Maybe it’s easier to say that God reveals himself this way for a reason, and that he chose to do so in a particular polytheistic context and culture is more important than trying to square away all the theologies. That is to say, God is telling a story, and that story is not about our modern theology of God. Instead it’s about conveying something to the children of Israel. Perhaps that something is that God is more powerful that whatever gods may be, regardless of whether those gods actually exist. Or something else to that effect. What if God’s intent in telling the story is more important to them (and to us!) than obsessive-compulsively reciting doctrinal propositions?
I’d hold that this reading of scripture is more faithful to the text than a reading that tries to shoehorn something in there that doesn’t really belong.
Then we have to wrestle with more of Genesis that seems terribly quaint, now that we have science and a view of natural processes that seems designed to exclude a creator altogether. A seven day creation? A world-wide flood?
This is where cultural imperialism comes in: We seem to forget that the scripture were not written to us though they may have been written for us.
I know that we have doctrines (creationism; so-called “literal” interpretations of Genesis) that seem to be the most faithful understanding of scripture possible–after all, if scripture interprets scripture, and if scripture is self-authenticating, there’s nowhere else we can turn to understand these passages–but I’m inclined to believe these doctrines are modern inventions by modern humans with modern worldviews. In that way we have done violence to the text, by imposing our own scientific and material worldview on a passage that clearly asks for no such thing and in fact demands otherwise.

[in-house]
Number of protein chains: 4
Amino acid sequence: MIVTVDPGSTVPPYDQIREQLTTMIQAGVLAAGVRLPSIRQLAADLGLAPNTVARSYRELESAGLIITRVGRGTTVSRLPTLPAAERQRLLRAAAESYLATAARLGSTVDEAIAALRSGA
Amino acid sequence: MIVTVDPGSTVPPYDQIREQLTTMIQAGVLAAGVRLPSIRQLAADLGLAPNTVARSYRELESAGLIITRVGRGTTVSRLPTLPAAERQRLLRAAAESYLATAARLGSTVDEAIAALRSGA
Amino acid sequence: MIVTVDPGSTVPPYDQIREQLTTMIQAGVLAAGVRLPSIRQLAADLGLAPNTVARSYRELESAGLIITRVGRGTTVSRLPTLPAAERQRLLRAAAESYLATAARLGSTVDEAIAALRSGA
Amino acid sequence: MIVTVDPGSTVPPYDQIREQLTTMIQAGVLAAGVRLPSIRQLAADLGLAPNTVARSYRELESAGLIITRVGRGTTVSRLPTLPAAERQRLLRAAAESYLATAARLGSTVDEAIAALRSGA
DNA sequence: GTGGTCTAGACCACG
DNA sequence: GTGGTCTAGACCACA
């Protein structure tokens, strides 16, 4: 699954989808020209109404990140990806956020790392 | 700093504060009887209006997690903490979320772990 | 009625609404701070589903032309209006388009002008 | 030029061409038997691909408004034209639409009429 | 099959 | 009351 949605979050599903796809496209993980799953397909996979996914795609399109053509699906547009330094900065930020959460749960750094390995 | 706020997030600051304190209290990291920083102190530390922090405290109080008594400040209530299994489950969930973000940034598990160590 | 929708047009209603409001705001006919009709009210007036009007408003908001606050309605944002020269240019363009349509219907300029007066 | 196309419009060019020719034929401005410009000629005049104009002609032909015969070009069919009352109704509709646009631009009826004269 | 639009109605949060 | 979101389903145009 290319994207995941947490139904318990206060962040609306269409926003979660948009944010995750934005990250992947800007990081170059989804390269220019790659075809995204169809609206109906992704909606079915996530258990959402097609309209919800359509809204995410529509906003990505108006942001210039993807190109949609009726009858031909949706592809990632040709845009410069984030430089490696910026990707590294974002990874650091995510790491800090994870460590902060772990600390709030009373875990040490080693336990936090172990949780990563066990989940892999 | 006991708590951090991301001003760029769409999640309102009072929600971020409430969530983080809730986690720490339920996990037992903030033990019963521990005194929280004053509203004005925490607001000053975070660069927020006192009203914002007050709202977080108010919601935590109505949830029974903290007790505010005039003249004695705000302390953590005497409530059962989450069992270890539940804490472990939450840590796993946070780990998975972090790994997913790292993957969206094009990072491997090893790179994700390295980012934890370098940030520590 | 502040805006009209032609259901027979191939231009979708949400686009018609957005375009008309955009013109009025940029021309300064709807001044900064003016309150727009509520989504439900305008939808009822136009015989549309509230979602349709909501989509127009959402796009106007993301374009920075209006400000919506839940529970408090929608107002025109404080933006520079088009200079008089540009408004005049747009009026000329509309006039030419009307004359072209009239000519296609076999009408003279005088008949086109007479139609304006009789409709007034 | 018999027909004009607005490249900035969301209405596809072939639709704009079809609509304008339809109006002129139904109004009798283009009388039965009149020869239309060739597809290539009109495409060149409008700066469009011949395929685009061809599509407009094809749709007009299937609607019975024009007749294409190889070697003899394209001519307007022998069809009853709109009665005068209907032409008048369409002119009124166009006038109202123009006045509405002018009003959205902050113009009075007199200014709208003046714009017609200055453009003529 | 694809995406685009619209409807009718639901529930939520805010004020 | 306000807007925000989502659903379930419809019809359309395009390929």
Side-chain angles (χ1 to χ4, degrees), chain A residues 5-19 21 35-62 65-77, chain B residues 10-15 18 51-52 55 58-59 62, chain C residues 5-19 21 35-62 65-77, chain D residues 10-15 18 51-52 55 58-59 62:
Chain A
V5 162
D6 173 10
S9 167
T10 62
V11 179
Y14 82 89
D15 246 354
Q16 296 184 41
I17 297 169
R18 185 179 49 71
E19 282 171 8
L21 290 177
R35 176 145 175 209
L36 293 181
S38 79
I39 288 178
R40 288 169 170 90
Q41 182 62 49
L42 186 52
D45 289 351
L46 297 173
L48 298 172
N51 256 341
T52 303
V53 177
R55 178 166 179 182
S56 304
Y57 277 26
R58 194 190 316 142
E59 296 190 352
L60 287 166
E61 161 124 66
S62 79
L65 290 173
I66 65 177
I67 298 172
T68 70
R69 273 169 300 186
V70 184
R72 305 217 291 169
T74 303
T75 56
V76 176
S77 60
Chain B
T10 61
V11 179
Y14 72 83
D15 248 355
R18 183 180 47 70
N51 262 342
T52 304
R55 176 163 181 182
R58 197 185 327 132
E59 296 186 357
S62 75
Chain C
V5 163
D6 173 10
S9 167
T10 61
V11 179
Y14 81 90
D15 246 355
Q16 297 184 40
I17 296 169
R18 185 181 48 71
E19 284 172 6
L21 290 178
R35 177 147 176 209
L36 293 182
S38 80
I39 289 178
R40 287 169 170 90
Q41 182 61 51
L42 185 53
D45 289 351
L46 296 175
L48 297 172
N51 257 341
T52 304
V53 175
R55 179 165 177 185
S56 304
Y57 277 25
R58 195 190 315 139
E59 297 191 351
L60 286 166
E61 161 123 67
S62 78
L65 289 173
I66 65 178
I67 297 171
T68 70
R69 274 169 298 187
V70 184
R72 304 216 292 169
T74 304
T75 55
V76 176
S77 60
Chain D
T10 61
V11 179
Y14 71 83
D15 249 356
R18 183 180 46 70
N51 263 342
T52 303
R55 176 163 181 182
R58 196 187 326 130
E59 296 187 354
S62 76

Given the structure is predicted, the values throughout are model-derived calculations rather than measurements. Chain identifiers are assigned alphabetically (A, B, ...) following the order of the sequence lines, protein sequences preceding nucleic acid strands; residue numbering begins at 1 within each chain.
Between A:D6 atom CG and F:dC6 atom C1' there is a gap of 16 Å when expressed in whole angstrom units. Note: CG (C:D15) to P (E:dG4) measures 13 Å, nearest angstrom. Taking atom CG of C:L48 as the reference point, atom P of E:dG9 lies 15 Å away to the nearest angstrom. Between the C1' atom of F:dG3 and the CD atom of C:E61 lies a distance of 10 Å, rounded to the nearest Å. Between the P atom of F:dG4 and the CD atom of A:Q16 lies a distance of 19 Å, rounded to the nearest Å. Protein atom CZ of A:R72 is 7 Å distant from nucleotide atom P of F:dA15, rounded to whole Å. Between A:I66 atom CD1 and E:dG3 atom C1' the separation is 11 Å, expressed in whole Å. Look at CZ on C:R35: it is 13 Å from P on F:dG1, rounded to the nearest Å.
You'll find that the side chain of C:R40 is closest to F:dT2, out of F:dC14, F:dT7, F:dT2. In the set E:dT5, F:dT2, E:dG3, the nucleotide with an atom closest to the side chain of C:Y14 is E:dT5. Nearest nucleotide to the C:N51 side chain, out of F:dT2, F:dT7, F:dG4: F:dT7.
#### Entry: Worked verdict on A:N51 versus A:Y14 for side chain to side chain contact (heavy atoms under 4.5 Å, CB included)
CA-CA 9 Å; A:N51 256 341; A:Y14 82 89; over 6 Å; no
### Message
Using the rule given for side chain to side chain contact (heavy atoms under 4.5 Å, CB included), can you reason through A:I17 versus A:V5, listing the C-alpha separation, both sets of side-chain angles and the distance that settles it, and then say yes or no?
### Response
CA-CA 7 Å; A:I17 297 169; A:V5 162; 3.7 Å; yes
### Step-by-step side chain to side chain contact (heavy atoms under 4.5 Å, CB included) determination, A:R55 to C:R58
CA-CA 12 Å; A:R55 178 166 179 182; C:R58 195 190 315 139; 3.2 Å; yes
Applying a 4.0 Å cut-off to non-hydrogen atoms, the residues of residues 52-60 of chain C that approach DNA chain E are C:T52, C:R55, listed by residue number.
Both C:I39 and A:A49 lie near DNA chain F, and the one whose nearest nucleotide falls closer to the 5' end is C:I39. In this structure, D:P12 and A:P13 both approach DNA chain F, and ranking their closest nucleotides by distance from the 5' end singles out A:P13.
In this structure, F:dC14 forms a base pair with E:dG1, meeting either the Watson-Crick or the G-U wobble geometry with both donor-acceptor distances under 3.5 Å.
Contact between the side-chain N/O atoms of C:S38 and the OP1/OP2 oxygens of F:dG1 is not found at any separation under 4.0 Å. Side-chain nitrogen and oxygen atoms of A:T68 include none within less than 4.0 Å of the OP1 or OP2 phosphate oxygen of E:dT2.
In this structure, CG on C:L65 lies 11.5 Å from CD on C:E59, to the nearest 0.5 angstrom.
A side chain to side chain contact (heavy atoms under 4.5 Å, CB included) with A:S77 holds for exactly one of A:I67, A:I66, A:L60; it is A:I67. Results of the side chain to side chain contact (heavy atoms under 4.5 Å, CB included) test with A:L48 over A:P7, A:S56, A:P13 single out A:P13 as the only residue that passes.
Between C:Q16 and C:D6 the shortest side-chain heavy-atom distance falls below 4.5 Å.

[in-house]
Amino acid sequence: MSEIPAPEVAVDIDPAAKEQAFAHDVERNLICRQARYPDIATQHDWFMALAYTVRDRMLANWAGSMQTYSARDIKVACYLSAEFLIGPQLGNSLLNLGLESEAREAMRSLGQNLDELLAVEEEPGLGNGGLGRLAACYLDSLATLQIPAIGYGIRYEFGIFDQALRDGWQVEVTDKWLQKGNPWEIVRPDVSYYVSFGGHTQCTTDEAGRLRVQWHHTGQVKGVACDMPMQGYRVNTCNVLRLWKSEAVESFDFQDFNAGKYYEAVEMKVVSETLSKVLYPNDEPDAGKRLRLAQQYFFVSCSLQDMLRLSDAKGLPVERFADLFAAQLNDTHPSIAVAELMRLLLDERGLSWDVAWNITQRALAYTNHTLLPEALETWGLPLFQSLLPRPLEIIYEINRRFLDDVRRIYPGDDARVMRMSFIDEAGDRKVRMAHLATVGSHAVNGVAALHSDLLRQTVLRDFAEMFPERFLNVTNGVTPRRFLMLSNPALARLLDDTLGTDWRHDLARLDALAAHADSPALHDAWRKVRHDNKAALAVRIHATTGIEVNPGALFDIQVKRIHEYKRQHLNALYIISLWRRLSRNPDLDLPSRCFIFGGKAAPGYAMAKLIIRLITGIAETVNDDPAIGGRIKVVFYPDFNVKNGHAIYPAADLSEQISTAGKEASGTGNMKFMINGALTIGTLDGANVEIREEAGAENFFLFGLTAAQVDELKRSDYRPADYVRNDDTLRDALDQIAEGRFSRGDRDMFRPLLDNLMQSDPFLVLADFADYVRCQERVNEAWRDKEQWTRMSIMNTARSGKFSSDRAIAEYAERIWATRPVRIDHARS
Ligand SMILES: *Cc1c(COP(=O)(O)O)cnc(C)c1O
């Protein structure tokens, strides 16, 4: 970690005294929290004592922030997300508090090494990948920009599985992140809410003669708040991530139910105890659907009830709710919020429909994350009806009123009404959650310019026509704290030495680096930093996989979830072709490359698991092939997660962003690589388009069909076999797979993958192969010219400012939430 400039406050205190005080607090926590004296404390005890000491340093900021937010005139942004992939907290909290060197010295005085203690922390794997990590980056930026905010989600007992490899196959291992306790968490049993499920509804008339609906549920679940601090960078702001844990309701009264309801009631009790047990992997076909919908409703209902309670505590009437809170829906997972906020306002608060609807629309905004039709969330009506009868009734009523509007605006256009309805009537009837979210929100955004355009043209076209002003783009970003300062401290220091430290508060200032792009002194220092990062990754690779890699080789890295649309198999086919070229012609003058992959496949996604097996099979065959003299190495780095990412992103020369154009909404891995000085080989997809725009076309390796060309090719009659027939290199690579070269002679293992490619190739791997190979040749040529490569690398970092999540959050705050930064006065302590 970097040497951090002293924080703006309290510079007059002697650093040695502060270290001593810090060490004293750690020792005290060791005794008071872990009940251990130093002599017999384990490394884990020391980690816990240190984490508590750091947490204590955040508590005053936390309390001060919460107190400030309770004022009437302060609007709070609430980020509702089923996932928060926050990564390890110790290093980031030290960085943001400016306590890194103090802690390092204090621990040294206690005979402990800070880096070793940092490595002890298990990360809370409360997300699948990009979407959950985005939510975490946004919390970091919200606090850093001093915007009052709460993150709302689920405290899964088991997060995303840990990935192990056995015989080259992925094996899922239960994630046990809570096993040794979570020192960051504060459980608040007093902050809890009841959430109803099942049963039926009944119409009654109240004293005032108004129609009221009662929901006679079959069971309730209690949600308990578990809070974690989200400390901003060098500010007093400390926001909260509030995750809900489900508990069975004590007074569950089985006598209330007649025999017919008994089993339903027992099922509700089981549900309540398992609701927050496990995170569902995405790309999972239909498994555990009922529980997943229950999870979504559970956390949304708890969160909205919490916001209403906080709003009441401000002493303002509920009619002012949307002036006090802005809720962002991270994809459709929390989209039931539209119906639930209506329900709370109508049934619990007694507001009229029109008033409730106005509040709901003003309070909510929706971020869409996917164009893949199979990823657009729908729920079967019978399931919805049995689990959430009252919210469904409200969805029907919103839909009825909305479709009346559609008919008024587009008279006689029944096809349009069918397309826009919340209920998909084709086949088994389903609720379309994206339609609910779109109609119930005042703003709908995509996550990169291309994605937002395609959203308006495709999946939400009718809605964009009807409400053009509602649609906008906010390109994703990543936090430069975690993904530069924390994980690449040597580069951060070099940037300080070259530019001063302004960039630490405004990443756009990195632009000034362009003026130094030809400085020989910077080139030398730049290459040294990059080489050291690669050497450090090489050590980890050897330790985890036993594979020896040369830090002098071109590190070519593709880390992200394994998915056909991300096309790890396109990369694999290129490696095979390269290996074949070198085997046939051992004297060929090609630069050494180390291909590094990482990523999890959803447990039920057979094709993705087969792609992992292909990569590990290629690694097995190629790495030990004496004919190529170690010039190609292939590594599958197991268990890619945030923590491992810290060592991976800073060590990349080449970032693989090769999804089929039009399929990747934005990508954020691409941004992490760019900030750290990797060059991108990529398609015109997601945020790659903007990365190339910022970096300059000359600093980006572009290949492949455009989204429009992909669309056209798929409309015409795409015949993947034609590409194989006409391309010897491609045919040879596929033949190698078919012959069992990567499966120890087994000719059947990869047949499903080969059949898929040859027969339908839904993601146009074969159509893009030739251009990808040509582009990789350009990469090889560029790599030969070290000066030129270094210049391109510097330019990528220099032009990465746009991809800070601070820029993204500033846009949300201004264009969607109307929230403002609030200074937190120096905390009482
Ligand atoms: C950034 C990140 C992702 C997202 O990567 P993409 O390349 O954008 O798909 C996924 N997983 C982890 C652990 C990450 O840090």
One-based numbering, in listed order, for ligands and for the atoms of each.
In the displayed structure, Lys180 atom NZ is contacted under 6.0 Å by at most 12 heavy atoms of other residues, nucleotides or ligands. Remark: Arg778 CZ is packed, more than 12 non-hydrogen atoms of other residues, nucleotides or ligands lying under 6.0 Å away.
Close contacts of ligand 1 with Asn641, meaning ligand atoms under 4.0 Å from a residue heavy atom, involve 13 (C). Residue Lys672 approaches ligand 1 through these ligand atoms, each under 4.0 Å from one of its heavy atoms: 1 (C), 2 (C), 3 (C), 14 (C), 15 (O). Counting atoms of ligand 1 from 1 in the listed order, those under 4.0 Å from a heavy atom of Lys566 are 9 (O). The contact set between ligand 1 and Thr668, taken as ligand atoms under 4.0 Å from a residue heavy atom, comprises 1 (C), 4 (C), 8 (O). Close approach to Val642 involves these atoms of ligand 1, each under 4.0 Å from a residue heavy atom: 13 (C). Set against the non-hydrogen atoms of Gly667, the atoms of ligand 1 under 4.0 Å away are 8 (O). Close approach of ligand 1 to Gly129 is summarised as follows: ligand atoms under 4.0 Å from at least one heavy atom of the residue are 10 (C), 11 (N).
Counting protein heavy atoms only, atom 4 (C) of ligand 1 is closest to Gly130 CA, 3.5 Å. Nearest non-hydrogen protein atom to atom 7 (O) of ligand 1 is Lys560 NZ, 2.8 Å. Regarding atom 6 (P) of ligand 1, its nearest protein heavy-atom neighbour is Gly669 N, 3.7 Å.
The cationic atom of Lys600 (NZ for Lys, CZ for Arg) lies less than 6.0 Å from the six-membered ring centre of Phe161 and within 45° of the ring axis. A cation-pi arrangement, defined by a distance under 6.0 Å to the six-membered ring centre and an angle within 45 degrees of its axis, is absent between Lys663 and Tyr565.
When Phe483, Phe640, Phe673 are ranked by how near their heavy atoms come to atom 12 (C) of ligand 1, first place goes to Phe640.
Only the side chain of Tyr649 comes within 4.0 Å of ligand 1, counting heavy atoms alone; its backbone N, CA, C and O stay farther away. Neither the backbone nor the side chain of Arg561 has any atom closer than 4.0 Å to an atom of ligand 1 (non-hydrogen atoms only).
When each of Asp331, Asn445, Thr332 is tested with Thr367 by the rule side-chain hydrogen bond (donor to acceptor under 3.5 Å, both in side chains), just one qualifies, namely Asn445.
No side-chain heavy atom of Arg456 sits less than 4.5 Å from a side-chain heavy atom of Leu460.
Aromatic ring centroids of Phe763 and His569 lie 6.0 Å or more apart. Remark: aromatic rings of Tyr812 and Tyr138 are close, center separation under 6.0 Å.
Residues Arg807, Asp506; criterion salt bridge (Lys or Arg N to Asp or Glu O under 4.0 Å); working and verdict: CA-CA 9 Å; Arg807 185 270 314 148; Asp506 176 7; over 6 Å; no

I’m not going to go into a deep discussion about how I think about the creation and the flood and so on (let me just say that I do believe in a literal six day creation period, but I also believe the earth is very old, and that our current scientific paradigm of evolution seems a good way to explain life on earth). But I think it’s important to know how the ancient Israelites would have understood this text, especially when it comes to the idea of “creation”. After all, when God reveals himself to a particular culture, he sets out to reveal himself, not correct their science. Or even give the a concept of science in a culture that would have none. God isn’t trying to be incomprehensible.